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What is Medigap insurance?

Even though Medicare covers the bulk of your medical expenses after you turn 65, you’ll still find some gaps in its coverage. A Medicare supplement policy, also called Medigap, can cover many of these expenses:

  • Deductibles. Expect to pay a certain amount out of pocket every year before Medicare Part A and Part B coverage kicks in: $1,600 for Part A if a patient is admitted to the hospital and $226 for Part B in 2023.

But deductibles aren’t all of it. You’ll still have to ante up a portion of the costs for doctors’ services, long stays in either a hospital or a skilled nursing facility, medical equipment, outpatient care and other services.

  • Copayments. The set fee you pay for any health service you use, such as $25 for a doctor visit.
  • Coinsurance. The percentage of a total bill that you will owe for a service or medical equipment, such as 20 percent for an outpatient procedure.

Medicare will pay its share of the Medicare-approved amount for your health care expenses first. Then your Medigap kicks in to help cover your portion of the costs. You’ll pay a monthly premium for your Medigap plan in addition to premiums you pay Medicare for Part A or Part B.

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Private insurance companies sell Medigap policies, and you’ll pay your premium to the one you choose, but federal and state governments regulate Medigap plans. A big plus for Medigap, in contrast to private Medicare Advantage plans, is that you can use any doctor or hospital that accepts Medicare.

What do Medigap policies offer? 

They pay the coinsurance. All Medigap plans cover the 20 percent Part B coinsurance you otherwise would pay yourself for physician visits and other outpatient services. They also cover the Part A coinsurance costs for inpatient hospital stays.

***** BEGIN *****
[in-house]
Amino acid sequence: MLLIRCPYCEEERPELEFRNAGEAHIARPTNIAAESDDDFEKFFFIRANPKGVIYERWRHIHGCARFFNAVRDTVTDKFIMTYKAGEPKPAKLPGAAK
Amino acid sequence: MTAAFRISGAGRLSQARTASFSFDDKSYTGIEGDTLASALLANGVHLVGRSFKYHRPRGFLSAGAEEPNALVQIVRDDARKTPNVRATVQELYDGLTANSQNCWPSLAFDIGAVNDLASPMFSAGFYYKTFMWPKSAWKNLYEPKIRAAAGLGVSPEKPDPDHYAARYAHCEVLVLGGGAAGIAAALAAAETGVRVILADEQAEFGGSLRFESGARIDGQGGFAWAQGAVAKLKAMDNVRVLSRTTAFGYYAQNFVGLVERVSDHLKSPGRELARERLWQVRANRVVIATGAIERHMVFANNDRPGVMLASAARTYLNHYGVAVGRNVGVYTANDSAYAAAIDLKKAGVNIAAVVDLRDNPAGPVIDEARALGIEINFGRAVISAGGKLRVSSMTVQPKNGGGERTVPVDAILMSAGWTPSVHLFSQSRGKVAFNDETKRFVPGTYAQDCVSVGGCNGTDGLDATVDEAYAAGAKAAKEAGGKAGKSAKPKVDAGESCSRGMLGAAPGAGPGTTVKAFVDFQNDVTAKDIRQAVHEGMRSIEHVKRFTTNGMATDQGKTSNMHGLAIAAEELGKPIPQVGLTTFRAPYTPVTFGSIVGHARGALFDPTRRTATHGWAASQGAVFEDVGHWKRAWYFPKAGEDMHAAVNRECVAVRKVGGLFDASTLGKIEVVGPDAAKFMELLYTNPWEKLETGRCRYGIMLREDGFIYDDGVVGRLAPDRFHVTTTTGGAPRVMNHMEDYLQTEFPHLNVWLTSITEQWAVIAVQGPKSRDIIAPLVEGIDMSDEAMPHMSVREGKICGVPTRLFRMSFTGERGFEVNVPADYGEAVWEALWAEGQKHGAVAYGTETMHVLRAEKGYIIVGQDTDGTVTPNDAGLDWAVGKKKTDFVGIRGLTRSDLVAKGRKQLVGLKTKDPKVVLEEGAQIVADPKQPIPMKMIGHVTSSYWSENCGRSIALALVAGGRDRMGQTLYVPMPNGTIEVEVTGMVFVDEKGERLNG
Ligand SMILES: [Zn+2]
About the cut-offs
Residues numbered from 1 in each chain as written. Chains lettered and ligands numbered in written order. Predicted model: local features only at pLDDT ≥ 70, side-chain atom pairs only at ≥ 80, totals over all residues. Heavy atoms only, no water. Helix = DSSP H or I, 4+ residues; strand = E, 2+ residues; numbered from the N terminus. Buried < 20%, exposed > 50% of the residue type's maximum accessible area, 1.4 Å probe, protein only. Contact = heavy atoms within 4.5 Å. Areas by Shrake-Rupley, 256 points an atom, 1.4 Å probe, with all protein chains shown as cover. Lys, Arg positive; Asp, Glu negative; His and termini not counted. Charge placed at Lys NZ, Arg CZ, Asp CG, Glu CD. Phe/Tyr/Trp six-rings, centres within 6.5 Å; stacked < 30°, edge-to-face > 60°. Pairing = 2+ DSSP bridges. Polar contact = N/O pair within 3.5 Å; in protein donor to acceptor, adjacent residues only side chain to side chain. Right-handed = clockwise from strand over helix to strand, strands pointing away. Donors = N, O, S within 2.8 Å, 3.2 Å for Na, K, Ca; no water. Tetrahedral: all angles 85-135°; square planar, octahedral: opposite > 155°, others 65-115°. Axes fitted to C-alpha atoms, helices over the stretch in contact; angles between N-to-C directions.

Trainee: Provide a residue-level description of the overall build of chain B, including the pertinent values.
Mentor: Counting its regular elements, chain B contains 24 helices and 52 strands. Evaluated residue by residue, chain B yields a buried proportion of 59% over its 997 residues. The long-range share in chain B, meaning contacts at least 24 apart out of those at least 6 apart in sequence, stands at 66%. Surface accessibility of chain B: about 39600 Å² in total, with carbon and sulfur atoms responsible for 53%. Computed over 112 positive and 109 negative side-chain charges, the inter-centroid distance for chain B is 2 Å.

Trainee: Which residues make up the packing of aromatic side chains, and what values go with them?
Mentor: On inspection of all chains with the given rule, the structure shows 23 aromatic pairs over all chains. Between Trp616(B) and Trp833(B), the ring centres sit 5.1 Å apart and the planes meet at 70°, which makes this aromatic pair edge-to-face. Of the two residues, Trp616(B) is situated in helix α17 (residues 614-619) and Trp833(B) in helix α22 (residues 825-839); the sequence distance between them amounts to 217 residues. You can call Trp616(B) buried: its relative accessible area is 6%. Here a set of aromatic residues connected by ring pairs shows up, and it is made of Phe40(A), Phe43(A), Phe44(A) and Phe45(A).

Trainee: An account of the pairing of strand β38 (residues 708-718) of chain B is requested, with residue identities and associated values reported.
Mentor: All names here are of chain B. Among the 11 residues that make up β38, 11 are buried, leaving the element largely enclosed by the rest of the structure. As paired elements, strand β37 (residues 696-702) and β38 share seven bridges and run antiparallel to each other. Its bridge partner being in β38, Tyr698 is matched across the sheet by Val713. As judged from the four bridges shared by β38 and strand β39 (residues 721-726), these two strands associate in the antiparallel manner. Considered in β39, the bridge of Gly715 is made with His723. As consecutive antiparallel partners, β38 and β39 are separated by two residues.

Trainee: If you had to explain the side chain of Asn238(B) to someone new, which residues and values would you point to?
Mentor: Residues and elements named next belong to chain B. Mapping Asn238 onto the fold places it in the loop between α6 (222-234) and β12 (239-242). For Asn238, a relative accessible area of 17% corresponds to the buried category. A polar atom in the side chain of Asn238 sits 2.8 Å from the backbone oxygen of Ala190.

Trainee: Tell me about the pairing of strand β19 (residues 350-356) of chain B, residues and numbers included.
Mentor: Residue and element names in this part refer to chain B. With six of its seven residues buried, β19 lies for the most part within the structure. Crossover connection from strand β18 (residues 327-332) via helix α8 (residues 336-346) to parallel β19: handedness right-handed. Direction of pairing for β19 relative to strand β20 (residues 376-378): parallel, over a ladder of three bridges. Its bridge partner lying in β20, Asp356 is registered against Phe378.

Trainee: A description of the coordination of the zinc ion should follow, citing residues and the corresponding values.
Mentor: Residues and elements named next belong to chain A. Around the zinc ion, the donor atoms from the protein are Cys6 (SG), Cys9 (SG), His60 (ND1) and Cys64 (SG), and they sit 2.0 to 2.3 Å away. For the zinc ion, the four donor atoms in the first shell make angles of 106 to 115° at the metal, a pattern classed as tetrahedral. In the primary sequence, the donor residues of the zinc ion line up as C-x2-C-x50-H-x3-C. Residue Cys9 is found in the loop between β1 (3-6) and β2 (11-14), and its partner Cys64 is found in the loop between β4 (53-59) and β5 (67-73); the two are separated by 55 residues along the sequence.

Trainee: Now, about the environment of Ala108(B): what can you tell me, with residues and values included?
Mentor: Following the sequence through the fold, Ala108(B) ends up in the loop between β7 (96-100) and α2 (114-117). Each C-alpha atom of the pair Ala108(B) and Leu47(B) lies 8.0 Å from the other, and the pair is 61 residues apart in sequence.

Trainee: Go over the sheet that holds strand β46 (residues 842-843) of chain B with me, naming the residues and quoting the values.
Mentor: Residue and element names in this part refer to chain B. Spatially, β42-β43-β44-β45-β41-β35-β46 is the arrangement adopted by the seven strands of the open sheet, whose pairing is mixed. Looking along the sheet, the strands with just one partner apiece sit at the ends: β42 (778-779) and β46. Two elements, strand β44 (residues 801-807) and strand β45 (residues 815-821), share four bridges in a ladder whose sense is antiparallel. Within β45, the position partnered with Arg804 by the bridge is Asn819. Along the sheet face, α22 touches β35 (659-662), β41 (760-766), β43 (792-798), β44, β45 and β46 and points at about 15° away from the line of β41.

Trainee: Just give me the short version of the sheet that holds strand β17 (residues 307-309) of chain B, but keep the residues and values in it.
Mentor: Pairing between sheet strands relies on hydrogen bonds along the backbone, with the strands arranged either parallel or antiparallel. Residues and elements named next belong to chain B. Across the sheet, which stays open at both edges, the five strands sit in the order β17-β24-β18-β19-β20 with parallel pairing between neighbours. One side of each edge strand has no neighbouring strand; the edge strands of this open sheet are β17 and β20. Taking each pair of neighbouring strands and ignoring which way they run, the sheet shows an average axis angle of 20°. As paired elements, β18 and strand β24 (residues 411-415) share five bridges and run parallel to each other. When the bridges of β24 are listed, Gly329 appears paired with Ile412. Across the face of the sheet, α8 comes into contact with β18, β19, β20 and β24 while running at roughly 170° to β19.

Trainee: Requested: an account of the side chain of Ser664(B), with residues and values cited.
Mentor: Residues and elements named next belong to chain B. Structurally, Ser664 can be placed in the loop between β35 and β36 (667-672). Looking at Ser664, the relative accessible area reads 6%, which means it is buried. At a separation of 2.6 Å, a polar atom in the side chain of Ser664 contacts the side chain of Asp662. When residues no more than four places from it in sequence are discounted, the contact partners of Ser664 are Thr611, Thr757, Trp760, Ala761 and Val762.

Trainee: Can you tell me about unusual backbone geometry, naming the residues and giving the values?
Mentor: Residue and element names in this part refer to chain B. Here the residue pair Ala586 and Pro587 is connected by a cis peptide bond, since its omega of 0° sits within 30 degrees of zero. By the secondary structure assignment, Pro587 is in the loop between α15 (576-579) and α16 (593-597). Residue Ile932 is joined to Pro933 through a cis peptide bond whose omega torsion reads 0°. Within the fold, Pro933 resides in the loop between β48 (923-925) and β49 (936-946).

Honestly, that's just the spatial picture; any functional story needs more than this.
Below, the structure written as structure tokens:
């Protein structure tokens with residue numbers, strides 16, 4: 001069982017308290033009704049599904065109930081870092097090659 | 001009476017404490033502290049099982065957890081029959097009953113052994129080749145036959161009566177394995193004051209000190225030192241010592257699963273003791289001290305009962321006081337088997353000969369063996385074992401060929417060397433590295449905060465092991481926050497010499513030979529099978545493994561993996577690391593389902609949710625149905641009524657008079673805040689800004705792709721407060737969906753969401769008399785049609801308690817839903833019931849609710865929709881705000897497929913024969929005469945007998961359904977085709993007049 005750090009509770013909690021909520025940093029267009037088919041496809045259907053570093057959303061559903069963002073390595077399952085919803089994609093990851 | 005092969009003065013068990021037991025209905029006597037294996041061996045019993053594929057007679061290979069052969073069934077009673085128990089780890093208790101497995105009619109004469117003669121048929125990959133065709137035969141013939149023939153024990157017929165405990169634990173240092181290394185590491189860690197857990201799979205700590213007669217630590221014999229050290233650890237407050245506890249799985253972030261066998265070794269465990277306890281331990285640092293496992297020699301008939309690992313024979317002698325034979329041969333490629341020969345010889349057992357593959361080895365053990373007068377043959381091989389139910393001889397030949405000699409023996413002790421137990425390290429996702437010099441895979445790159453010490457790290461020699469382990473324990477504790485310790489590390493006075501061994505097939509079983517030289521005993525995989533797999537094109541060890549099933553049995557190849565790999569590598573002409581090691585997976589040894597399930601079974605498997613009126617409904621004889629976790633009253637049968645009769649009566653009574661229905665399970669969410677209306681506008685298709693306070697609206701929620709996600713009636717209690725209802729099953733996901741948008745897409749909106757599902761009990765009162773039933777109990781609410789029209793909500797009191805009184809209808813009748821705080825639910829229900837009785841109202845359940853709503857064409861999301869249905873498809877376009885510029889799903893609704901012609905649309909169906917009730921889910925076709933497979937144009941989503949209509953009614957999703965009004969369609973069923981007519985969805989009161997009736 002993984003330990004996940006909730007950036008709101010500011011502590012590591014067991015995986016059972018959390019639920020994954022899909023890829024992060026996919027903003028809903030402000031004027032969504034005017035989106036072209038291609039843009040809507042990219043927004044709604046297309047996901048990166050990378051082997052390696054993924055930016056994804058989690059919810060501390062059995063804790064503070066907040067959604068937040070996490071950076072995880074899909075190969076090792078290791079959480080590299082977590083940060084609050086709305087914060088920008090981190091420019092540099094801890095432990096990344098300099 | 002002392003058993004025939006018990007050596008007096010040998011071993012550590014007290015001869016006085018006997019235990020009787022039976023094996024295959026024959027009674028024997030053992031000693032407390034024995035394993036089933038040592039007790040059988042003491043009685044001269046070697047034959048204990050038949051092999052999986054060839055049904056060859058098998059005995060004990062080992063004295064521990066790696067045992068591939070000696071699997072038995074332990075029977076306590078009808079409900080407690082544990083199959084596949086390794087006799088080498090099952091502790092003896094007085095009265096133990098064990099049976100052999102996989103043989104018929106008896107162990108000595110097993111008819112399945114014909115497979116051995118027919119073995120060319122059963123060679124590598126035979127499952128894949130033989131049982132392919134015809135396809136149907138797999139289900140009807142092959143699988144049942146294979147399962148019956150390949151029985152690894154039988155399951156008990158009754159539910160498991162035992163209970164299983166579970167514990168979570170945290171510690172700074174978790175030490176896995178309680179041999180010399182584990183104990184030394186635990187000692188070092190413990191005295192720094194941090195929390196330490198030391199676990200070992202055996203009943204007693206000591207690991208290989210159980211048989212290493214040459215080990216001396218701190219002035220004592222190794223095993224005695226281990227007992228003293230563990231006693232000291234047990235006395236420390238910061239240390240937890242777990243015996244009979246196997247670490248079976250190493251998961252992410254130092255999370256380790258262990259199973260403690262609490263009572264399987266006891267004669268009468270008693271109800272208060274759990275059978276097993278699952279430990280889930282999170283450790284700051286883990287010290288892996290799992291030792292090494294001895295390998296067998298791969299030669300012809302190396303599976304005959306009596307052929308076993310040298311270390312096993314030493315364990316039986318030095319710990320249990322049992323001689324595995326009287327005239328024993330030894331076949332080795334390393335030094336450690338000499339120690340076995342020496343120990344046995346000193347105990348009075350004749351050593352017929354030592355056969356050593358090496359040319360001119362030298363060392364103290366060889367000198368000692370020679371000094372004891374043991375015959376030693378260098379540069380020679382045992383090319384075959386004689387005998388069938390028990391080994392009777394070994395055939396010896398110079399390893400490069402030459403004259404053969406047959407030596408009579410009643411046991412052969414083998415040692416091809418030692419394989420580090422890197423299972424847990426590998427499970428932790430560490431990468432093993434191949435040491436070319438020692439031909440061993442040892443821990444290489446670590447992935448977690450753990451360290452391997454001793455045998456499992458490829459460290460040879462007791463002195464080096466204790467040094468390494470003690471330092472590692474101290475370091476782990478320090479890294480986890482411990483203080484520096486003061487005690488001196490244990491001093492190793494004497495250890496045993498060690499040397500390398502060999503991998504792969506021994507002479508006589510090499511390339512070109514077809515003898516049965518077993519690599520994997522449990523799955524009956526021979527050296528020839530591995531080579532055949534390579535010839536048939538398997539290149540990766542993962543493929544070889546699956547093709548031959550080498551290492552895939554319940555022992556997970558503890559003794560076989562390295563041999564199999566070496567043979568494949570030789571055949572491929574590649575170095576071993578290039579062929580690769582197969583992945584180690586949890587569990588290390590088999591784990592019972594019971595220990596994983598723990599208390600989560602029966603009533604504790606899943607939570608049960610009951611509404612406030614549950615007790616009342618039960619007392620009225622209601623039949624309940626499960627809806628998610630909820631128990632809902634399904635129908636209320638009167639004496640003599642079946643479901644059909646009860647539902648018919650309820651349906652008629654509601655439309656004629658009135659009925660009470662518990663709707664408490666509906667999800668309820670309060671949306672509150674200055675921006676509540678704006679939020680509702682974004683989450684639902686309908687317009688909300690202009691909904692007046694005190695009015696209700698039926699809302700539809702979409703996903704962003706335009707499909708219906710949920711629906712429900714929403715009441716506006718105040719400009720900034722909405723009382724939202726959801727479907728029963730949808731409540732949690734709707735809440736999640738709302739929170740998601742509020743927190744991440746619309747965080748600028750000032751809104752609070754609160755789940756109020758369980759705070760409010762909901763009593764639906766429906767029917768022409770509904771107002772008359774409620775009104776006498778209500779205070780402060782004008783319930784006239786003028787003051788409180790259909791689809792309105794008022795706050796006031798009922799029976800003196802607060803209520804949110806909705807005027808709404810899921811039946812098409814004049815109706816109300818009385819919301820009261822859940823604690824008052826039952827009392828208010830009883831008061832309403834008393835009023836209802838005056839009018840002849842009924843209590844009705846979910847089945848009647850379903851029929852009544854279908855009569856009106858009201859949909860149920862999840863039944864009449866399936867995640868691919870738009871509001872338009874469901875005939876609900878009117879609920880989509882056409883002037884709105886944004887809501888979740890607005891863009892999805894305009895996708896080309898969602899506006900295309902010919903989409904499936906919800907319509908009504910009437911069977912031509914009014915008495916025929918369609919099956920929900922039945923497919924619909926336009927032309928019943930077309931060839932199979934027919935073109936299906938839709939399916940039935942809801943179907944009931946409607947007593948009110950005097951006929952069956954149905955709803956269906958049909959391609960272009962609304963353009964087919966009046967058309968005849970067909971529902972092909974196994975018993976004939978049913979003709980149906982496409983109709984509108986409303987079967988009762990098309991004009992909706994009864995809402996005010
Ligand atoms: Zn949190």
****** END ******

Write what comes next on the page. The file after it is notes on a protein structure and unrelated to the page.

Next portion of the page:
Medicare covers the first 60 days as an inpatient in a hospital, but you’re responsible for paying the coinsurance for days 61 to 90 ($400 in 2023) and an $800 daily coinsurance after that for up to 60 lifetime reserve days in 2023. You can use a lifetime reserve day only once, but you may apply the days to different benefit periods. A benefit period begins the day you’re admitted as an inpatient to a hospital or skilled nursing facility and ends when you haven’t received any inpatient hospital or skilled nursing facility care for 60 days in a row.

They cover some deductibles. Most Medigap plans cover the Medicare Part A hospital deductible, which is $1,600 per benefit period in 2023.

They add health benefits. Although Medicare won’t cover your hospital stay after you’ve used up your lifetime reserve, all Medigap policies cover the daily coinsurance costs and up to 365 additional lifetime days in the hospital after your Medicare benefits are depleted. All Medigap plans also cover the first three pints of blood you may need each year, either in full or in part.

They may cover other costs. Some plans pay coinsurance costs for skilled nursing facilities and hospice care; excess charges from doctors who don’t accept assignment, which means they can charge up to 15 percent more than the Medicare-approved amount; and foreign travel health care emergencies.

How will I know what plans offer the benefits I need?

It all comes down to the series of letters that designate each plan. In 1992, the federal government standardized the types of Medigap plans insurers can offer nationwide.

Today you have 10 options by letter: A, B, C, D, F, G, K, L, M and N. Every plan with the same letter designation must include the same coverage, though premiums can vary from company to company.